This thinning of the already-thin blue line is just the initial consequence of our culture’s contemptuous treatment of law enforcement. The secondary consequence is worse.

With police forces demoralized and downsized, large cities have weathered a 33-percent increase in homicides. Nationwide, the number of murders has skyrocketed, jumping 30 percent in a one-year span. Homicides have spiked by nearly 68 percent in nine of the cities that made the biggest cuts to their police budgets.

Shootings and homicides are up considerably in Seattle. In the three-month period after the Minneapolis City Council passed a budget that cut $8 million from the police department, the number of murders increased 46 percent.

Faced with a hemorrhage of homicides, city leaders in Portland tried to reboot an anti-gun violence unit. Predictably, the city experienced a 60-percent increase in murders after the unit was shut down in 2020. But now the city can’t find enough personnel to reconstitute the specialized unit. Equally troubling and predictable, Portland PD’s entire Rapid Response Team—a specialized crowd-control unit comprised of 50 officers and detectives—resigned this past summer.

In Austin, city officials slashed the police budget from $434.5 million in 2019-2020 to $292.9 million in 2020-2021. Homicides have spiked. And as the Wall Street Journal reports, the Austin Police Department has asked the public to not call for help if “there is no immediate threat to life or property,” “where crimes are no longer in progress,” and “when the suspect(s) are no longer on scene or in sight.”

Pushing Back

There may be some silver linings breaking through these dark clouds.

Average Americans—Americans who aren’t pushing agendas or shaking down corporations or sowing chaos—know that their local police departments are comprised of good men and women; that law enforcement officers do their best in an incredibly difficult job; that law enforcement is essential if we are to remain a nation under the rule of law. In fact, polling conducted after the George Floyd riots reveals that there is broad and deep agreement among the American people in support of the police, with 72 percent of Asian Americans, 73 percent of Hispanic Americans, 81 percent of black Americans and 88 percent of white Americans wanting police to spend more time or the same amount of time in their neighborhoods.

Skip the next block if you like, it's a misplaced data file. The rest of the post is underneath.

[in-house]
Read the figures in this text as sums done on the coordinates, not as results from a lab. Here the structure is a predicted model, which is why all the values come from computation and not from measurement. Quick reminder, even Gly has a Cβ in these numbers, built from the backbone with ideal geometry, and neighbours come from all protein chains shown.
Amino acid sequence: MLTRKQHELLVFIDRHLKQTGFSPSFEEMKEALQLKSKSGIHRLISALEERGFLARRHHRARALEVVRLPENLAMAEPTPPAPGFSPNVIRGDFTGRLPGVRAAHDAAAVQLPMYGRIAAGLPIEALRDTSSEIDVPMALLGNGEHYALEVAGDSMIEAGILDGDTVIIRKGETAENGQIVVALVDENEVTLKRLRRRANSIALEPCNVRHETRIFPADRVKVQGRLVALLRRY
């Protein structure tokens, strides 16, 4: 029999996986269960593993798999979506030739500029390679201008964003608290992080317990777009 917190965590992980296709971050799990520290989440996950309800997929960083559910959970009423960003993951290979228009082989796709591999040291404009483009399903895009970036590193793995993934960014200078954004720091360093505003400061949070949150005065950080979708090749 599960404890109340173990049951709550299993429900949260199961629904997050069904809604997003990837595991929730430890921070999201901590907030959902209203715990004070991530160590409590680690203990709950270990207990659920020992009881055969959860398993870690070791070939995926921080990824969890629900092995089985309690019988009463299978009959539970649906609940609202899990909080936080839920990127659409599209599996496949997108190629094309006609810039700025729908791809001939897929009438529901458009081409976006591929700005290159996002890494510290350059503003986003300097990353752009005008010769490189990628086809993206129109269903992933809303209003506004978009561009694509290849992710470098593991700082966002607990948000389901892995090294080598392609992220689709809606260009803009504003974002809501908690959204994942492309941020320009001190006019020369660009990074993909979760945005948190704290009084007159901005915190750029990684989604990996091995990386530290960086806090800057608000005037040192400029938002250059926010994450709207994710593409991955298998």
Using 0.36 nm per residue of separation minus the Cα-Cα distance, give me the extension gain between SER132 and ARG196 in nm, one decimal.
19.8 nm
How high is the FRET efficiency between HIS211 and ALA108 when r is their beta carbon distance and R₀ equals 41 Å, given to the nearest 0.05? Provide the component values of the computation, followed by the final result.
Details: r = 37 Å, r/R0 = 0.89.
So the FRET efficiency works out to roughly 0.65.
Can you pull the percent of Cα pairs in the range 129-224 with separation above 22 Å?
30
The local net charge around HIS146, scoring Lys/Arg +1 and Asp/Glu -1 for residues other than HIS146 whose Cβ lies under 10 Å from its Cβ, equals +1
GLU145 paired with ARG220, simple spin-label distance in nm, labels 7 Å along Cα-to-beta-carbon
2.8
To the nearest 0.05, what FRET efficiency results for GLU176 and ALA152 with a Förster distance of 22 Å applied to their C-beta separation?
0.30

Municipal and statewide elections this month underscore that average Americans are pushing back against the professional protesters and mindless mobs that assaulted the rule of law in mid-2020 and early 2021. Virginia voters elected a candidate who vowed to “defend—not defund—our law enforcement heroes.” Repudiating years of lawlessness in city hall, New York City elected a retired NYPD captain who ran on a law-and-order platform. In Seattle, law-and-order candidates for mayor, city attorney and city council defeated candidates who advocated defunding or in some cases even eliminating the police force and the jail system. Minneapolis soundly rejected a referendum that would have eliminated the police department.

The Portland mayor this month announced plans to hire back 25 retired police officers and recruit 200 new officers. And the Texas governor and legislature have enacted a law that bars municipalities that decrease funding for police from raising property taxes, increasing utility rates or annexing new land. The new law, in effect, defunds cities that defund the police.

Taken for Granted

Too many Americans forget that the natural order of this world is not orderly. We take our freedom for granted; we take the absence of chaos for granted; we take security and safety for granted—somehow convincing ourselves that the blessings of freedom don’t need to be protected. But without law and without a system to enforce the law, freedom can descend into license and then into anarchy, as we re-learned in the summer of 2020 and winter of 2021.

“Our Constitution,” President John Adams argued, “was made only for a moral and religious people.” And indeed, morality and conscience prevent many of us from breaking the law. A healthy respect for the law—or a fear of getting caught—prevents others. As for those bent on wrongdoing—those who lack conscience and the moral constraints of faith, those who neither respect nor fear the law—all that protects the law-abiding from the law-breakers are the law-enforcers.

Alan W. Dowd is a senior fellow with the Sagamore Institute, where he heads the Center for America’s Purpose and authors the Project Fortress blog.